Going global – Consulting is no longer a remote possibility
How to start a remote consulting business
Consulting is one of the fastest growing professions and is one of the few sectors that managed to show consistent growth across the globe during the pandemic. The fact that this growth took place in a previously under-explored area of the profession—remote or virtual consulting — has opened up exciting opportunities.
A new digital reality
While it has been a swift (and unexpected) transition to the digital realm, the reality is that it’s here to stay.
Research by McKinsey points to the fact that more than 75% of companies now prefer digital self-serve and remote human engagement over face-to-face interactions.
Tellingly, the research reveals business leaders believe that online and remote interaction can be as effective as in-person engagement. Companies have realised that digital technology allows them to tilt the skills playing field to their advantage – professional consultants, from anywhere in the globe, can now be found and work online.
This is without a doubt a game changer for independent consultants. In a business setting that is becoming more agile and accelerated by rapid digital innovation, remote consultation work is increasingly seen as the solution.
If you are interested in making your mark in what is a growing field, read on to determine how you can extend your consulting reach across the globe.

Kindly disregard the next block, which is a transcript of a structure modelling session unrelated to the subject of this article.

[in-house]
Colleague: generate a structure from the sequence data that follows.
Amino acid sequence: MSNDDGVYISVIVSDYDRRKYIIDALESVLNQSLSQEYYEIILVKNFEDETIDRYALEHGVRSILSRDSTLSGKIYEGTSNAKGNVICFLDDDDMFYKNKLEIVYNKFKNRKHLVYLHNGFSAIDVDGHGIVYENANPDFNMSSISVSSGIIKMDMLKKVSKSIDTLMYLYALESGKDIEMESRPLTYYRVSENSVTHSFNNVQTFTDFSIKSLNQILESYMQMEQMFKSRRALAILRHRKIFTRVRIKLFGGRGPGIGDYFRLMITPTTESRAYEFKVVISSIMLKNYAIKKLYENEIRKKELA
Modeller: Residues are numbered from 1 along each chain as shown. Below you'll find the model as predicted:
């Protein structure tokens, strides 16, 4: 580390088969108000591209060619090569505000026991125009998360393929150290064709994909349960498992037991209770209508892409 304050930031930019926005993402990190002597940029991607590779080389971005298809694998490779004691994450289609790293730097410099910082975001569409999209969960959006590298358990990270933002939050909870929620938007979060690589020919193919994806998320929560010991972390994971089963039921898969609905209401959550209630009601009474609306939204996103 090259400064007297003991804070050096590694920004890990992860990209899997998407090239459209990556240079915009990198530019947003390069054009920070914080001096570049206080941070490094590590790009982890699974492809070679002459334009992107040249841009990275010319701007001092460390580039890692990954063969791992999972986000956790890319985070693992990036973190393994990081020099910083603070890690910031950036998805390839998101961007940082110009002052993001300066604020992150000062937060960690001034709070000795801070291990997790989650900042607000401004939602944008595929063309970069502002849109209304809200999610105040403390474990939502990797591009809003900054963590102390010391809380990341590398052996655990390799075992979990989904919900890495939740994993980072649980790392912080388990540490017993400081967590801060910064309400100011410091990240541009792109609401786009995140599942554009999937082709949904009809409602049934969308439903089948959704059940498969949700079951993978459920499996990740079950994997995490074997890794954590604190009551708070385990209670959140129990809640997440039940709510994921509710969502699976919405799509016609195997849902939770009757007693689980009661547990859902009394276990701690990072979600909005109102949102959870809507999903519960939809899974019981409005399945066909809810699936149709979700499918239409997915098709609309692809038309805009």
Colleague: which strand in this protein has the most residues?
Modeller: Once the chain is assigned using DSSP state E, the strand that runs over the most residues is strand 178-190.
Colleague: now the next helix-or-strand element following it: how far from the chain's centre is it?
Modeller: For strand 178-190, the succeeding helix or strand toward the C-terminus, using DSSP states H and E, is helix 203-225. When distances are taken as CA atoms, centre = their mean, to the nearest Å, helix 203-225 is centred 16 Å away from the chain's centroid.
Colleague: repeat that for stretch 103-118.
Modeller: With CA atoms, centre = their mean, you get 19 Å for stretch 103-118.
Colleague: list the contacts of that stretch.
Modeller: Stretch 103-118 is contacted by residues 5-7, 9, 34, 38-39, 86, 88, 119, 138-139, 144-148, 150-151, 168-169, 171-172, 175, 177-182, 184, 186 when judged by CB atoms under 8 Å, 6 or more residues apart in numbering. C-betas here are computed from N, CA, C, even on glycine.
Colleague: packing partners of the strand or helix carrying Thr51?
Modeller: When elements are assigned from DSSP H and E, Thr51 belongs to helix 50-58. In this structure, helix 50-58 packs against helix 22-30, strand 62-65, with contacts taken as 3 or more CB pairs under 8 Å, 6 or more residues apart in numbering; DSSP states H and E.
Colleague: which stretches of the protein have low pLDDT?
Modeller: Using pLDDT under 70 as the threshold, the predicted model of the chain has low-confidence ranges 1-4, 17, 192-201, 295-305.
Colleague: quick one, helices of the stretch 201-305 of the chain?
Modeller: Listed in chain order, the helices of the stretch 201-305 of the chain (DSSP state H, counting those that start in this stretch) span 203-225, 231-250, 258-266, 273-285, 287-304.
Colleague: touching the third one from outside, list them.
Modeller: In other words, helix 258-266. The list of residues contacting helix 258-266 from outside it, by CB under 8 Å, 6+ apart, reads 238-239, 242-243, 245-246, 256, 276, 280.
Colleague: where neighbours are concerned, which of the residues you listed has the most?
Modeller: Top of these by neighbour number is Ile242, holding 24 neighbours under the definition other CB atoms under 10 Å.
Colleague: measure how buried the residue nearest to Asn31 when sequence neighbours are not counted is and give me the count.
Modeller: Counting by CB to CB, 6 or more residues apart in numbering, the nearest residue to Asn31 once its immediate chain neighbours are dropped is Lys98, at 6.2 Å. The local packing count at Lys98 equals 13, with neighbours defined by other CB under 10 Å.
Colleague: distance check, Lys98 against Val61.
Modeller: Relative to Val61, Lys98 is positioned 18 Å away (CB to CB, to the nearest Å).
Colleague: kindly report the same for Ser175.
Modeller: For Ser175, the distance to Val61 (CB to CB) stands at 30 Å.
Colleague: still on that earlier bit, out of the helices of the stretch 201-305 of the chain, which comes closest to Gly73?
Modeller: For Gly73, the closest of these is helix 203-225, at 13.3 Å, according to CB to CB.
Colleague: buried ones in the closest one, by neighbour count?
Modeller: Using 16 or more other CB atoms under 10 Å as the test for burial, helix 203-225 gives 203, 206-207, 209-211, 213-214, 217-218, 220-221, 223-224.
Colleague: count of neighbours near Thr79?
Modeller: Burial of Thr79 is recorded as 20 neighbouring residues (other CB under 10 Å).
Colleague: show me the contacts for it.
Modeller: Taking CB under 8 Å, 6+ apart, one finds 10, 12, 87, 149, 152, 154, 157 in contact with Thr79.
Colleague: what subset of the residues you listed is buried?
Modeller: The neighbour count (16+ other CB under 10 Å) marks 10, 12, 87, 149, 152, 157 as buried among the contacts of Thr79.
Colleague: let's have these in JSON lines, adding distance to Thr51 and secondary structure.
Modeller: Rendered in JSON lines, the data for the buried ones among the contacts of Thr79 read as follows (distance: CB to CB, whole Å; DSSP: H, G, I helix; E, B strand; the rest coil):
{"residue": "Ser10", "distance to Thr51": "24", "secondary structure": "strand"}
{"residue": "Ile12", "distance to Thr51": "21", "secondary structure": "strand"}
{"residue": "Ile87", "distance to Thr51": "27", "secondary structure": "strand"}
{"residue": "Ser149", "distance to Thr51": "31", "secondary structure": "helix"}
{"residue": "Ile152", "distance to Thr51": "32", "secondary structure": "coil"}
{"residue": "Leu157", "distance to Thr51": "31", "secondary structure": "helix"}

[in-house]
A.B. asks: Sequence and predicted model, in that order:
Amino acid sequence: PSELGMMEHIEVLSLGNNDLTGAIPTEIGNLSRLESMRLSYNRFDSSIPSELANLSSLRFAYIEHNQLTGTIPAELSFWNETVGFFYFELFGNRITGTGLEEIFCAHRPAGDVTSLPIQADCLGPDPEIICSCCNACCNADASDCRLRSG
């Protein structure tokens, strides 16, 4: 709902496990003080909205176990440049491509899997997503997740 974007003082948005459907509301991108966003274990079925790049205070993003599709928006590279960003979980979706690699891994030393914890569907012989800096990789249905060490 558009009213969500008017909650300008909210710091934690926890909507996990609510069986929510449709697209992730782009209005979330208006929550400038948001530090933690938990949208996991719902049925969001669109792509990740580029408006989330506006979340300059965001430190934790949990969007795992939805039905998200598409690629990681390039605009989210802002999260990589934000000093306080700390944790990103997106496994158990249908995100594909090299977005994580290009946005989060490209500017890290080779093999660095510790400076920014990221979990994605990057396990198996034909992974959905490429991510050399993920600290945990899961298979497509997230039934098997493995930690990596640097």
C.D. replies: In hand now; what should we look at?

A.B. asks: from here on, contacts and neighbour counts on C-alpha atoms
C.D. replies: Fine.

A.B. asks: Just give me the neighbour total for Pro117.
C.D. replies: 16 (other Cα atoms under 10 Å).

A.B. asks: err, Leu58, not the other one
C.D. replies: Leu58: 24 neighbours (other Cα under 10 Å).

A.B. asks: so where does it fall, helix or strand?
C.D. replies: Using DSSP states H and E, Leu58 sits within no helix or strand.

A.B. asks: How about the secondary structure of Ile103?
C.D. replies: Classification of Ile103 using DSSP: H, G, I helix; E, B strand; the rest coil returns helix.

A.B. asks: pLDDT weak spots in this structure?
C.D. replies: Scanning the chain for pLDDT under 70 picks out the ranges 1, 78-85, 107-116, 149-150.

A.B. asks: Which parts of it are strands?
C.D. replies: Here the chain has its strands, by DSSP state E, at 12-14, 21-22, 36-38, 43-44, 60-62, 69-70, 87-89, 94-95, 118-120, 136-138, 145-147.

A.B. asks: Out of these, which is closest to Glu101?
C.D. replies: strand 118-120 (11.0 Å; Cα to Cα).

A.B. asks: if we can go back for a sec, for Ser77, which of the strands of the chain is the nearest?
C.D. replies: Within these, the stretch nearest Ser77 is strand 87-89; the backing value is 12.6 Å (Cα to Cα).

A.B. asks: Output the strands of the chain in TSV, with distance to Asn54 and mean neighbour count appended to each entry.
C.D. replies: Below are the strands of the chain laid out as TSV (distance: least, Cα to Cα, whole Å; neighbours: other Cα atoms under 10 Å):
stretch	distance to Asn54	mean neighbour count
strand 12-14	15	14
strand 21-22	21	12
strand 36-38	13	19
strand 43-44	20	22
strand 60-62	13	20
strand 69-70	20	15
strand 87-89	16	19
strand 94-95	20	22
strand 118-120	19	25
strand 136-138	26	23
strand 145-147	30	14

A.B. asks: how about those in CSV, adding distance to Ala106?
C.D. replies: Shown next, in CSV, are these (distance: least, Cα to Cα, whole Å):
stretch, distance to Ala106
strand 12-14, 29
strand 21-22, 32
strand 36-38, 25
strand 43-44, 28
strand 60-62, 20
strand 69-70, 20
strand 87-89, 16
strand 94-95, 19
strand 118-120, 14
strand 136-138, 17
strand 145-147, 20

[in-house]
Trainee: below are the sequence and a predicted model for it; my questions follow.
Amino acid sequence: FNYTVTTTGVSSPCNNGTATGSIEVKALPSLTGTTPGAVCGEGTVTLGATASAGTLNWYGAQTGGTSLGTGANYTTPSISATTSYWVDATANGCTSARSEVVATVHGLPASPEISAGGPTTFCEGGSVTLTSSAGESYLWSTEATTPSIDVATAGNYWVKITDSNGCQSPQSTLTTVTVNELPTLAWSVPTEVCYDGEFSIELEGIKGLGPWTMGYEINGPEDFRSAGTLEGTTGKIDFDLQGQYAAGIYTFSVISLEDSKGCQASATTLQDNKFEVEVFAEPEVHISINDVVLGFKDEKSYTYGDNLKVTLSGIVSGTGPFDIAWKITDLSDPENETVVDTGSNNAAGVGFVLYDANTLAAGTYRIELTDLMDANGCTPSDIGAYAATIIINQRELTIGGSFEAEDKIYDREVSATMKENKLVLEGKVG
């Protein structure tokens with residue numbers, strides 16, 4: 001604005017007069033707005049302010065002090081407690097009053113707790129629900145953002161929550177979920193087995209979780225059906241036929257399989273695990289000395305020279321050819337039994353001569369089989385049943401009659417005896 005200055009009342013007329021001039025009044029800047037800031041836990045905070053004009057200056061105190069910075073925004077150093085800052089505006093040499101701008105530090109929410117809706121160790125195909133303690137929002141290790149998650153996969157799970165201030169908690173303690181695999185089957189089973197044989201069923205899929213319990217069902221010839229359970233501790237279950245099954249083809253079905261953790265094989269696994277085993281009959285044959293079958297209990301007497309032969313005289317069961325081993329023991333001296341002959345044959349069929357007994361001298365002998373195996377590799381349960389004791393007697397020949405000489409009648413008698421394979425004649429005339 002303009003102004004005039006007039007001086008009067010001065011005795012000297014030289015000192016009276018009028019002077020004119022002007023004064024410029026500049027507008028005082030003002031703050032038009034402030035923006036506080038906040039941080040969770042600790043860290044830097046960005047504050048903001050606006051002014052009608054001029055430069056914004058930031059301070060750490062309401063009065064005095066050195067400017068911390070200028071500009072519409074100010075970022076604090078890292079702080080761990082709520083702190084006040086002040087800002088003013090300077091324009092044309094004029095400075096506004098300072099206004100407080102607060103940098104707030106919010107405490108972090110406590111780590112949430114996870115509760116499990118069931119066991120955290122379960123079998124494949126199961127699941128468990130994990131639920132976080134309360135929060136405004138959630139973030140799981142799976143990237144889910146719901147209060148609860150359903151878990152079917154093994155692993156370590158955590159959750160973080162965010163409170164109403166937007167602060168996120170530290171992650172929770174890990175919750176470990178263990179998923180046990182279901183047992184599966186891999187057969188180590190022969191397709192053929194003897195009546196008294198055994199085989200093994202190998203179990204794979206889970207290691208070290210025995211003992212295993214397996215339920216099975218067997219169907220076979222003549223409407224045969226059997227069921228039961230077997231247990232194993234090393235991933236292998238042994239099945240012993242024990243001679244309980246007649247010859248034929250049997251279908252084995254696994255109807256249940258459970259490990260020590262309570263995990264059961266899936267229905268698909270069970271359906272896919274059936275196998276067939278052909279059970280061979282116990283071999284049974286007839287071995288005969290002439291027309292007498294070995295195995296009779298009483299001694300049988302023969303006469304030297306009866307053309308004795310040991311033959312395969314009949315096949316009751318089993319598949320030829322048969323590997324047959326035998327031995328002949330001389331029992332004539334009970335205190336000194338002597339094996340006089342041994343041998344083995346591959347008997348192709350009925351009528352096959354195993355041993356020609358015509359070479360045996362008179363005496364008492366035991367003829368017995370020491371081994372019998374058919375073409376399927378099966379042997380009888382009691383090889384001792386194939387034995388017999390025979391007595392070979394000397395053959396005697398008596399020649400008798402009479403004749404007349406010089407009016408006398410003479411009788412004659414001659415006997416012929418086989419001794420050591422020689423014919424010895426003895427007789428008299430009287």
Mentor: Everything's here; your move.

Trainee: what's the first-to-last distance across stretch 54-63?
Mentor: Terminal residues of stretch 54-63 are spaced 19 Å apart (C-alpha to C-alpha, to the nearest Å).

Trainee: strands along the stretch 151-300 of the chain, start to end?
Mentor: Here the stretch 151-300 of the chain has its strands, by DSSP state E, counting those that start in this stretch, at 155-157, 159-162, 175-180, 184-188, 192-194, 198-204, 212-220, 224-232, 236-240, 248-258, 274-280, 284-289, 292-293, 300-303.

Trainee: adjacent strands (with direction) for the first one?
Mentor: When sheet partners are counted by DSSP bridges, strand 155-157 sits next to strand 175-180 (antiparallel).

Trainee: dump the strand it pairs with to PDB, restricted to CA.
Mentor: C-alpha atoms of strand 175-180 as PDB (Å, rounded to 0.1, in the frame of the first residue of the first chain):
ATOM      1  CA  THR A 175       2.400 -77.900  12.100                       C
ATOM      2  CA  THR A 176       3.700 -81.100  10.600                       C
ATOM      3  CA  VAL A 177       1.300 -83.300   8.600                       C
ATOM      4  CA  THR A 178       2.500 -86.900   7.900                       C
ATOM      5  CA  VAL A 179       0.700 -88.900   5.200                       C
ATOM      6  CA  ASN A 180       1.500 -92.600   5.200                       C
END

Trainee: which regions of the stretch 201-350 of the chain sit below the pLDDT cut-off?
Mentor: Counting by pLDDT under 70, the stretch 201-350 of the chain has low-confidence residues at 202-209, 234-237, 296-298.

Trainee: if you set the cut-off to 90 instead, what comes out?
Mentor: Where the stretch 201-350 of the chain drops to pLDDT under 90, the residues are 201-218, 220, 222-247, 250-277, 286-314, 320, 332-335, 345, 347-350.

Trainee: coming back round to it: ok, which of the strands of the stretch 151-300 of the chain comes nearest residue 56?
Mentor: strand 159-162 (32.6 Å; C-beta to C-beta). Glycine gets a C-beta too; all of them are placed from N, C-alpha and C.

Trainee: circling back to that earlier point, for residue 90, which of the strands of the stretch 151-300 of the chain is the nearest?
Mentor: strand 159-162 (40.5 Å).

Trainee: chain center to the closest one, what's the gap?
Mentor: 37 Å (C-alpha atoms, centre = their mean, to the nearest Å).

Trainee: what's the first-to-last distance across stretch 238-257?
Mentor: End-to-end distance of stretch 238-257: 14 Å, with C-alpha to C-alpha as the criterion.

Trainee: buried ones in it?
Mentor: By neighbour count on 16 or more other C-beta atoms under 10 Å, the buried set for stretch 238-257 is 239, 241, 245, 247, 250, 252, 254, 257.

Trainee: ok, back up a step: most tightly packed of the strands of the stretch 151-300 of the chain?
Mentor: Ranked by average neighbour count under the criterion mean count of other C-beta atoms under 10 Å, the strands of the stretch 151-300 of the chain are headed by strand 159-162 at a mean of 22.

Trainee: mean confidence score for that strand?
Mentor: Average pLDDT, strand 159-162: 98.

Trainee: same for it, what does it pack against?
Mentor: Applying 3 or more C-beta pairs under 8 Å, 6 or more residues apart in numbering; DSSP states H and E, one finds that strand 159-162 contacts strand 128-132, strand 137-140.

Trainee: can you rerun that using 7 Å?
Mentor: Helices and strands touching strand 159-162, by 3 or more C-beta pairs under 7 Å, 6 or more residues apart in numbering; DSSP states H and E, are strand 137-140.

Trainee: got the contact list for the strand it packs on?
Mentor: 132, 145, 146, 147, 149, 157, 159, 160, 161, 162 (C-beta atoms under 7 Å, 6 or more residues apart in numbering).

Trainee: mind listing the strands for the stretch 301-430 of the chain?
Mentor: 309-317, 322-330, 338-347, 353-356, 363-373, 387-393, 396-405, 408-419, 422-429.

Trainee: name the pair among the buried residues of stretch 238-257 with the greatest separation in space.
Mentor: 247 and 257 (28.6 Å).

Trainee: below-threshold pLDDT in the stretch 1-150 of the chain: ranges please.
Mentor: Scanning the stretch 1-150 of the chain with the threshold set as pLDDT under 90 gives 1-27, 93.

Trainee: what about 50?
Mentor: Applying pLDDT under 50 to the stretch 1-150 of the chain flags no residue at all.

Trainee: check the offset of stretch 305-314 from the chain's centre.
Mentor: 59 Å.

Back to basics
You’ll need to revisit the basics and review some of the things that originally set you on the path to consulting success. Avoid the error of just putting your services on the market without a plan of action. There are a number of factors to consider:
1. What services are you going to provide?
If you’re unsure about the approach to adopt, consider the ‘generalist’ versus ‘specialist’ question. A ‘generalist’ works in a variety of industries, practice areas, and roles. A ‘specialist’ concentrates or has experience in a specific function or industry. This will help you refine your services entry point.
2. What will your fees be?
It’s possible that your current fee model may not find favour in new markets. Relook your consulting fee formula and make sure you can offer fee structures based on an hourly, project- or value-basis to match client needs.
3. Which markets will you be aiming for?
Consider practicalities, like time zones and language (although English is pretty much the global business lingua franca). In addition, it’s best to take a focused approach to industries or sectors.
If you are feeling adventurous and want to target several countries, don’t play hopscotch across a continent, focus instead on economic co-operation areas, for example, the Benelux countries. This may enable you to tap into similarities across several economies.
4. How are you going to gain new clients?
There are several options to explore in this regard:
- Start with your existing clients, they may have international branches you can service.